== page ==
International Meeting for Autism Research (London, May 15-17, 2008): Relationship Between Sensory Processing and Severity in Children with High Functioning Autism Spectrum Disorders

Relationship Between Sensory Processing and Severity in Children with High Functioning Autism Spectrum Disorders

Thursday, May 15, 2008
Champagne Terrace/Bordeaux (Novotel London West)
9:30 AM
C. Hilton , Psychiatry, Washington University, St. Louis, MO
P. D. LaVesser , Occupational Therapy, Washington University, St Louis, MO
Background: Dunn (2001) conceptualized atypical sensory processing as four discrete patterns of atypical responses in which individual respond either passively or actively in relation to their sensory thresholds: low registration, sensation seeking, sensory sensitivity, and sensation avoiding.  Correlations between severity of social responsiveness and atypical sensory processing were previously demonstrated in a group of children with high functioning autism spectrum disorders (HFASD, Hilton, Graver & LaVesser, 2007). 

Objectives: In this work, we extended our findings to compare with a control group.


A bivariate correlational design was used to compare the scores between a social severity assessment and a sensory processing assessment of children with HFASD (N = 36), and a control group (N = 26), ages 6 to 10.  Participants were full-term, had an overall IQ of at least 70, and had no history of cerebral palsy, or any other diagnosed major neurological condition.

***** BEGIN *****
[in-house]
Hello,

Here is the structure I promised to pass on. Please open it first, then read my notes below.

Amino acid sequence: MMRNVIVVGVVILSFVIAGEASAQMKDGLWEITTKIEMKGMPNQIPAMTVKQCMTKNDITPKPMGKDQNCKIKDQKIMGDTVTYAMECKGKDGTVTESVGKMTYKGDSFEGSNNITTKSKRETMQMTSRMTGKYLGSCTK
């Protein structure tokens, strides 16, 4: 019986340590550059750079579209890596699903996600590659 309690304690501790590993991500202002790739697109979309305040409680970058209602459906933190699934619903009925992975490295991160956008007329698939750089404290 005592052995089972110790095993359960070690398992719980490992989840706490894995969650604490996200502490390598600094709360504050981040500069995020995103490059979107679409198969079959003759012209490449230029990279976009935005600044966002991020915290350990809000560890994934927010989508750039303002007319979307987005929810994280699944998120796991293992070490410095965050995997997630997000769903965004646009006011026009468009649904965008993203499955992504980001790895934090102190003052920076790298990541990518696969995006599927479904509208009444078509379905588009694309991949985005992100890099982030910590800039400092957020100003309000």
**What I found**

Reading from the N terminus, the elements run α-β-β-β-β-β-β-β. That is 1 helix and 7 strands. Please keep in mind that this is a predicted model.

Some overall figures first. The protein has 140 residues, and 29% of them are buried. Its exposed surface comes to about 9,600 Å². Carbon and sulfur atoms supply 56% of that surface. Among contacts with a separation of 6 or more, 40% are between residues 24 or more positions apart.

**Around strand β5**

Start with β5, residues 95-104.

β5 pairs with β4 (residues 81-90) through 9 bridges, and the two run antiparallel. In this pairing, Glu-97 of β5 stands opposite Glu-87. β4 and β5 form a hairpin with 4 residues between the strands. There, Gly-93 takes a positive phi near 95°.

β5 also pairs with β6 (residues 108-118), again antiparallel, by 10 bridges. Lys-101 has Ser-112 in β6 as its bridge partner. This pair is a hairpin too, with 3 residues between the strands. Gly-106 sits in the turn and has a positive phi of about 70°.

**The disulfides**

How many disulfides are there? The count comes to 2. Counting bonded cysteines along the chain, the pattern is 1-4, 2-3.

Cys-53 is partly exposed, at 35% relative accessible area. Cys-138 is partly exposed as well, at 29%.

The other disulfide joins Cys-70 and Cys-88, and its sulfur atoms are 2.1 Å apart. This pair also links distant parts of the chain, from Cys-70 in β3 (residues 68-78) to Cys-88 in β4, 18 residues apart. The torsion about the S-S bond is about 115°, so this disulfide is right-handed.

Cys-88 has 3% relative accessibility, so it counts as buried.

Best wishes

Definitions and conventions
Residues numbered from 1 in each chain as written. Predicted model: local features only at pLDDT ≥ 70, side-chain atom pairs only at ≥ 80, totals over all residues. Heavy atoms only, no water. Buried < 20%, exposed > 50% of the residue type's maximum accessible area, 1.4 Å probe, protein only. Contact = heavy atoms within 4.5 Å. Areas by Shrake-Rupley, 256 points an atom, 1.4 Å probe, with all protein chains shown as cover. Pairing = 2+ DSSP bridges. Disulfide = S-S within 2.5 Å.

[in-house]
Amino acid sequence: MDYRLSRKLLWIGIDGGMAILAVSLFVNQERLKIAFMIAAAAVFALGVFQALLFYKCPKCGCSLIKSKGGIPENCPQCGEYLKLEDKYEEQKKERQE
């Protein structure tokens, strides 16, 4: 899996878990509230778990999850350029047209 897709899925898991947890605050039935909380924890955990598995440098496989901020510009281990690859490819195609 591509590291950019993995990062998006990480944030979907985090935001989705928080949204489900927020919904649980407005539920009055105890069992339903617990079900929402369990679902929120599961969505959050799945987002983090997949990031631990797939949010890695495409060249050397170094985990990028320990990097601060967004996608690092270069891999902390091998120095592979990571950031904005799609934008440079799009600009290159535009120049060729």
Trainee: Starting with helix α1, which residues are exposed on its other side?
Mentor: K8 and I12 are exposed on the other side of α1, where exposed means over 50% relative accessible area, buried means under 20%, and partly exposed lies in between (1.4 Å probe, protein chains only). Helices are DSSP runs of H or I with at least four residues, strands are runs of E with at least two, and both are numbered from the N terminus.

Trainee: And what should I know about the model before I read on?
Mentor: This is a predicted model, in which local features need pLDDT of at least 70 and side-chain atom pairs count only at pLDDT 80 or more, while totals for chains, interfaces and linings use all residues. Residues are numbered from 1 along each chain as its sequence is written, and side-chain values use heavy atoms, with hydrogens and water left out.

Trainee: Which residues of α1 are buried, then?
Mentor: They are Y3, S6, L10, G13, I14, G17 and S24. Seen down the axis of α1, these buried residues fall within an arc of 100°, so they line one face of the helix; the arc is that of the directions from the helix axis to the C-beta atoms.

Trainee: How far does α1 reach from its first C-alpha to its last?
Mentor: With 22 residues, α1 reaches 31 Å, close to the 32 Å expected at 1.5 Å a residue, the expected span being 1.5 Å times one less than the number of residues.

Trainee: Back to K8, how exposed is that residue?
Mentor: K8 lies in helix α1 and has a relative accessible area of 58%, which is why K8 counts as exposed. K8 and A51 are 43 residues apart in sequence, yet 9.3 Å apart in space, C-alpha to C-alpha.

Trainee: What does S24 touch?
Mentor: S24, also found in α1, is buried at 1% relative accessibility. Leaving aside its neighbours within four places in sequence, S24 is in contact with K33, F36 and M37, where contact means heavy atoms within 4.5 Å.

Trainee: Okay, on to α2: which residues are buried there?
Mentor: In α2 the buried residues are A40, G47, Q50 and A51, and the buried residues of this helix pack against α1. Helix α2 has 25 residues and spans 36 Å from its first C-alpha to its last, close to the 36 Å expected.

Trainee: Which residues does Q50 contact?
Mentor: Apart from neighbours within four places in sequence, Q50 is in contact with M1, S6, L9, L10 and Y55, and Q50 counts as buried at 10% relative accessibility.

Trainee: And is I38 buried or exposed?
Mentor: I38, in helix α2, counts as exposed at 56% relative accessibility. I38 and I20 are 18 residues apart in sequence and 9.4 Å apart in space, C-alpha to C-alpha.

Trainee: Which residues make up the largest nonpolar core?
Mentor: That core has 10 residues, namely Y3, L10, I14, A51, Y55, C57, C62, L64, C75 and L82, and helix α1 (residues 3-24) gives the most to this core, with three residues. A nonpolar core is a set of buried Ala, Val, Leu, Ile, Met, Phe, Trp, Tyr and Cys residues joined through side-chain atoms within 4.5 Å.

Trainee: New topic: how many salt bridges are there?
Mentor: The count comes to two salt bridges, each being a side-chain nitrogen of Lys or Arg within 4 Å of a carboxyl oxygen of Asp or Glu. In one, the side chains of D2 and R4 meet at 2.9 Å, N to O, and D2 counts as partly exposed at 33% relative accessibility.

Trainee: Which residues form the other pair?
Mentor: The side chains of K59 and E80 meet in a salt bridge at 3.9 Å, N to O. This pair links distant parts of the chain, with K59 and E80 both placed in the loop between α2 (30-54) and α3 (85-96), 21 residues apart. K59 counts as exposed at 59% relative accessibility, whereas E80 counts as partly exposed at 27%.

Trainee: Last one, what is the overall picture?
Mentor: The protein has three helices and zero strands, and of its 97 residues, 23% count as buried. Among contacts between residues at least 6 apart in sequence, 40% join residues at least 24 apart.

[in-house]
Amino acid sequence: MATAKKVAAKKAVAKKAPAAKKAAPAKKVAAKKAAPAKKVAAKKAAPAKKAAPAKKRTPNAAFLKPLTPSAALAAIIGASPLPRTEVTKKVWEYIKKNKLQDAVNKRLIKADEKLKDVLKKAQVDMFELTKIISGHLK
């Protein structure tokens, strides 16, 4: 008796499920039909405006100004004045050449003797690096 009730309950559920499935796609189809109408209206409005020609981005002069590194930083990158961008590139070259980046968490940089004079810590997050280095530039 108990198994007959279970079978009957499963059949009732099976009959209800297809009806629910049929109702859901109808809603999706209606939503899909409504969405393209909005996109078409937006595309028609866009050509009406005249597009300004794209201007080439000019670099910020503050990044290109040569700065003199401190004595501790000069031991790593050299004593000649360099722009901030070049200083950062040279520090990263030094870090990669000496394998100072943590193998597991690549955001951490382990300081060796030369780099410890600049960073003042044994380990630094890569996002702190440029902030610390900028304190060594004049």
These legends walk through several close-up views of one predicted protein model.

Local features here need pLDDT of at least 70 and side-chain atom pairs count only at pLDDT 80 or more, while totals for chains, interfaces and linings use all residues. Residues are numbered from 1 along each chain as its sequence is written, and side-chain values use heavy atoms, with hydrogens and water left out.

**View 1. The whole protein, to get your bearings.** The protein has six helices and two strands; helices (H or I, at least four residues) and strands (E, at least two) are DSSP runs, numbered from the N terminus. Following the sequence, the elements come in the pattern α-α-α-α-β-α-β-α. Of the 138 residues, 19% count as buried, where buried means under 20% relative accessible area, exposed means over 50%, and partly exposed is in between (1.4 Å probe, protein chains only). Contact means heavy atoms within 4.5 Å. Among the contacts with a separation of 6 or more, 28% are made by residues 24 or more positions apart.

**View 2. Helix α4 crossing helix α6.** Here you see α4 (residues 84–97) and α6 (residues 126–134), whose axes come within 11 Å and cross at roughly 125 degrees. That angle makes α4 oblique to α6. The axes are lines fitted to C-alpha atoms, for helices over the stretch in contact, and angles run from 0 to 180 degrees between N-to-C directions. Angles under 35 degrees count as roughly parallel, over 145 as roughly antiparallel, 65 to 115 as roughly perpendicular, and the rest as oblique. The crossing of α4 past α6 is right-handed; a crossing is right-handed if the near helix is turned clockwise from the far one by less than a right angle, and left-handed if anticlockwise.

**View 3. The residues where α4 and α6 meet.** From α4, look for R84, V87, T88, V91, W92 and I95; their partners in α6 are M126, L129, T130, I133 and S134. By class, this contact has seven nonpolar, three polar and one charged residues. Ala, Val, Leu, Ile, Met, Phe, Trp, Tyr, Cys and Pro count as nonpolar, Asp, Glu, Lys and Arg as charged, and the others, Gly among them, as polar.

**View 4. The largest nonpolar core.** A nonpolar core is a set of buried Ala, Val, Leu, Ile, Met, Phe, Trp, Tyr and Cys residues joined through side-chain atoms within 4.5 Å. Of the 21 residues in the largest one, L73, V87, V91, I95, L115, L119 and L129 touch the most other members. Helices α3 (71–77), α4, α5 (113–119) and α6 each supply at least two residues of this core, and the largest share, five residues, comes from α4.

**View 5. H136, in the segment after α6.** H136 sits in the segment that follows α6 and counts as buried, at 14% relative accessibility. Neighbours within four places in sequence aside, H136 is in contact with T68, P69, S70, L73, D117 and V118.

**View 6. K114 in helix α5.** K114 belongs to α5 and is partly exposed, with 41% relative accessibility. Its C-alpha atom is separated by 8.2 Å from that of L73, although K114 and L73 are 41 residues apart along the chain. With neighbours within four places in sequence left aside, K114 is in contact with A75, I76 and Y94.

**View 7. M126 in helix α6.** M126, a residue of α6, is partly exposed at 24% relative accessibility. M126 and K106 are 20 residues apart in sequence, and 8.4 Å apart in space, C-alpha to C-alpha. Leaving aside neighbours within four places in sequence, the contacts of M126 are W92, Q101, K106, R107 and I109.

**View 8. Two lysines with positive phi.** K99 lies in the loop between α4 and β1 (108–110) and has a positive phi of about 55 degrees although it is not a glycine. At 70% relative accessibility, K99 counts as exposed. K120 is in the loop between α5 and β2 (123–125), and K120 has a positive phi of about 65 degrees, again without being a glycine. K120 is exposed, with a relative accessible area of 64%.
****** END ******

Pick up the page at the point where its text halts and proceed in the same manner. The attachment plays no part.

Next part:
The Social Responsiveness Scale (SRS, Constantino & Gruber, 2005) was used to assess social severity.  The Sensory Profile (SP, Dunn, 1999) was used to assess sensory processing. 

Results: Significant differences were seen between the incidence of atypical sensory responses in the HFASD group and the control group in each of the four sensory quadrants: (p < .001).  A high frequency of atypical sensory responses in multiple quadrants was seen in the HFASD group (66.7%), but not in the control group (3.8%).  The number of quadrants with definitely atypical responses was strongly correlated with social severity (.86).  Strong correlations were found between the SRS severity scores and each of the four sensory processing quadrant levels (.70 - .84). 

Conclusions: The presence of multiple atypical quadrant responses in this group of HFASD children indicates that atypical sensory processing follows a more diverse pattern in children with HFASD and the diversity is related to social severity. 

See more of: Sensory Systems Posters
See more of: Poster Presentations